4. Possessing exclusive authority, with the above qualification, a state may regulate the manner and circumstances, under which property, whether real or personal, in possession or in action, within it shall be held, transmitted or transferred, by sale, barter, or bequest, or recovered or enforced; the condition, capacity, and state of all persons within it the validity of contracts and other acts done there; the resulting rights and duties growing out of these contracts and acts; and the remedies and modes of administering justice in all cases. Story, Confl. of Laws, _18; Vattel, B. 2, c. 7, _84, 85; Wheat. Intern. Law, part 1, c. 2, _5.

5. − 2. A state or nation cannot, by its laws, directly affect or bind property out of its own territory, or persons not resident therein, whether they are natural born or naturalized citizens or subjects, or others. This result flows from the principle that each sovereignty is perfectly independent. 13 Mass. R. 4. To this general rule there appears to be an exception, which is this, that a nation has a right to bind its own citizens or subjects by its own laws in every place; but this exception is not to be adopted without some qualification. Story, Confl. of Laws, _21; Wheat.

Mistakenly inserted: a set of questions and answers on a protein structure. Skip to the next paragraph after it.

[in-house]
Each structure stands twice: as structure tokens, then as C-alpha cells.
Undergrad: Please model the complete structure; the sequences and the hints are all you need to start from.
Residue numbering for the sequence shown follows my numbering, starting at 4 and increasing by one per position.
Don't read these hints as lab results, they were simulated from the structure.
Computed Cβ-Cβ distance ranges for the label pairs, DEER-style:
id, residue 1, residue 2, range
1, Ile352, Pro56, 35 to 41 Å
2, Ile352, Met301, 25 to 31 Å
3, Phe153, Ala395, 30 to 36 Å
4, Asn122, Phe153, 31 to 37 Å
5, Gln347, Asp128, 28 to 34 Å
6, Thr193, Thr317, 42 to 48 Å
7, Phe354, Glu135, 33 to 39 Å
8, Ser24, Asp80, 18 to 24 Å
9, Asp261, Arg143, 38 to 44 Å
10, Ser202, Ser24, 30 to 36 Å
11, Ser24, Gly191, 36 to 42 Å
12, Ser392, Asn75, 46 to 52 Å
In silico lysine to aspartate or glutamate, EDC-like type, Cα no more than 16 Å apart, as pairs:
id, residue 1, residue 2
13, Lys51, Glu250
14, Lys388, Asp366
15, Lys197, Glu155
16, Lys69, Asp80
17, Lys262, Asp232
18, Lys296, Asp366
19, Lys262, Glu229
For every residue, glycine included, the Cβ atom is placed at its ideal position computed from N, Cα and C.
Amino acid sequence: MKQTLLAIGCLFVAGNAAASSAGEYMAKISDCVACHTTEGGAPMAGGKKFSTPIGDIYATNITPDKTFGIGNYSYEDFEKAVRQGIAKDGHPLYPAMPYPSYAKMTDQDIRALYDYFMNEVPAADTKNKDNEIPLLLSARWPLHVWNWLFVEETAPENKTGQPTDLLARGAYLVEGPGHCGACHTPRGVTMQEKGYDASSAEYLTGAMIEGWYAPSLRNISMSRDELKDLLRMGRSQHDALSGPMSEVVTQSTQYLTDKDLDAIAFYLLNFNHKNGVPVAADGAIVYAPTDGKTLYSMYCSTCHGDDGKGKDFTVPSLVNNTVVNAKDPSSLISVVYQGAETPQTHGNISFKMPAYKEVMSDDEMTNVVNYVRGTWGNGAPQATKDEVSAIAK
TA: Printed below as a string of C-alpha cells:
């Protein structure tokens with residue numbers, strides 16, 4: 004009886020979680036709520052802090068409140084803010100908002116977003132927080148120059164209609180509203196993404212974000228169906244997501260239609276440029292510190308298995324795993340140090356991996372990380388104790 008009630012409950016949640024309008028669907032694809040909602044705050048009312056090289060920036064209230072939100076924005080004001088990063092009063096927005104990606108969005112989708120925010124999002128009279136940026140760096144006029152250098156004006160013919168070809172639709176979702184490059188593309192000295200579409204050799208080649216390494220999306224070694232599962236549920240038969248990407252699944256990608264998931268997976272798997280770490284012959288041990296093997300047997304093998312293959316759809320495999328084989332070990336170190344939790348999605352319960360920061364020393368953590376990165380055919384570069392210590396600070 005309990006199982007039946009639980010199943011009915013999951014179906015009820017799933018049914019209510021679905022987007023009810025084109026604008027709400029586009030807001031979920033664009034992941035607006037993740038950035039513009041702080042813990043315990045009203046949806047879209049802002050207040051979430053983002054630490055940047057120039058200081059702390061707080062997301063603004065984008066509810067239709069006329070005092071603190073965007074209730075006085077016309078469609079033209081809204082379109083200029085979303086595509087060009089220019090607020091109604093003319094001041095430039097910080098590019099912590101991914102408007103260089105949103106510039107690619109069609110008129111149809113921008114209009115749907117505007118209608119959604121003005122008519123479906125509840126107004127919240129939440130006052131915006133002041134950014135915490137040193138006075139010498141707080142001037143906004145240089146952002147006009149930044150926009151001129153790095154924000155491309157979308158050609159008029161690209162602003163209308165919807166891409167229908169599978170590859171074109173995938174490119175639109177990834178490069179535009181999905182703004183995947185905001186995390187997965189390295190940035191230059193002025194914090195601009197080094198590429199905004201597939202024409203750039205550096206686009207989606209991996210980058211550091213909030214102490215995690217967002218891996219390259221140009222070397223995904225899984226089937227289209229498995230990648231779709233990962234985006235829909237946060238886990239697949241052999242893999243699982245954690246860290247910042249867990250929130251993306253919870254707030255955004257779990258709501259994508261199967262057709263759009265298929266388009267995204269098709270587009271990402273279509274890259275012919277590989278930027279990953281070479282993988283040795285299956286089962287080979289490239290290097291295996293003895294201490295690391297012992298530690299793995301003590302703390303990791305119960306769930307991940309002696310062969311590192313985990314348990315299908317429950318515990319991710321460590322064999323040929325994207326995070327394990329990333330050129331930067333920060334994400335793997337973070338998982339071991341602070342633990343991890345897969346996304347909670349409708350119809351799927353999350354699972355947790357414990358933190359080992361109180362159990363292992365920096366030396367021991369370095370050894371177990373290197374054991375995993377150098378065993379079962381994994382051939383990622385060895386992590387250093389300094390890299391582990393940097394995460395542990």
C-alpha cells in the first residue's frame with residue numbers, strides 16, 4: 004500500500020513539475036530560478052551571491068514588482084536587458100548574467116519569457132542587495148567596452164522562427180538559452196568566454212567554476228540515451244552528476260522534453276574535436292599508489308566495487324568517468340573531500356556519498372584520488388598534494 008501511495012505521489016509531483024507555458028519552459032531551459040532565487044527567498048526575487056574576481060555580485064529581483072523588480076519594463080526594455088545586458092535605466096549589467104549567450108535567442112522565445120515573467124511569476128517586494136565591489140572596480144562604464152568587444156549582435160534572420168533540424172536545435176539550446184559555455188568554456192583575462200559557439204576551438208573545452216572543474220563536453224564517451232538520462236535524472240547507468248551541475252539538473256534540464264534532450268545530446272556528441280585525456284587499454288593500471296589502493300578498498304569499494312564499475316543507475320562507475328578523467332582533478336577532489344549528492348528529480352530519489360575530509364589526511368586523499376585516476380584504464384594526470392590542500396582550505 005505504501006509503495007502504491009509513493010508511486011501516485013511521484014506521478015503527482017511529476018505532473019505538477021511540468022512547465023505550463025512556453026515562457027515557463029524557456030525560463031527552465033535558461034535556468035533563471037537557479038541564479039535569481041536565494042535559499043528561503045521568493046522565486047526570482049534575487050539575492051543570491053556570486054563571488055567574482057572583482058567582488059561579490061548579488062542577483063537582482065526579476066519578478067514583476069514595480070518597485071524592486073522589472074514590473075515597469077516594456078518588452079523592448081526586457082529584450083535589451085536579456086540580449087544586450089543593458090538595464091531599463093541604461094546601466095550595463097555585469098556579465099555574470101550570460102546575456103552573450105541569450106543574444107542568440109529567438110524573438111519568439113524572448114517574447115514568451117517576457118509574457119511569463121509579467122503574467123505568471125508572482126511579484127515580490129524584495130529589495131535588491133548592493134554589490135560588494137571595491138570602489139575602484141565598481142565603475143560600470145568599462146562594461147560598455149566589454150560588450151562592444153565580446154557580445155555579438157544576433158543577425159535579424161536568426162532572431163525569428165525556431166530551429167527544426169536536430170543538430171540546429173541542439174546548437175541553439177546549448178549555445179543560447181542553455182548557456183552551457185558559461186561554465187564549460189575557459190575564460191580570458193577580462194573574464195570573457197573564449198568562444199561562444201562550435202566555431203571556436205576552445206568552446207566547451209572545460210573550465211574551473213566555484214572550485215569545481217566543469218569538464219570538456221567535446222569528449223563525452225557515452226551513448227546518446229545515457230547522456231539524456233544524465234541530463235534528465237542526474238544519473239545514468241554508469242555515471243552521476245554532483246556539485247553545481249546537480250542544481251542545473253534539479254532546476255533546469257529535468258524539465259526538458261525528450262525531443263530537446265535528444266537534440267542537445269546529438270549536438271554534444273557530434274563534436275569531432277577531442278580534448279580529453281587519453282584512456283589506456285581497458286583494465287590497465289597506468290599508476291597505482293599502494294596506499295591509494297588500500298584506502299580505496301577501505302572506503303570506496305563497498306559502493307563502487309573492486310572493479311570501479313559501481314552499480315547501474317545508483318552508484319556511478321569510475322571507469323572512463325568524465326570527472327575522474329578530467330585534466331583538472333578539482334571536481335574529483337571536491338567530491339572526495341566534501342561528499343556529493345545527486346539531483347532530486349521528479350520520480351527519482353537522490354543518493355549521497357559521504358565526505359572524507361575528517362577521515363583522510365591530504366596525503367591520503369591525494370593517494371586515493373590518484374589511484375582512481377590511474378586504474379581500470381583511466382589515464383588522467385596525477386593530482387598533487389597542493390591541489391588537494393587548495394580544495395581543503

Intern. Law, part 2, c. 2, _7.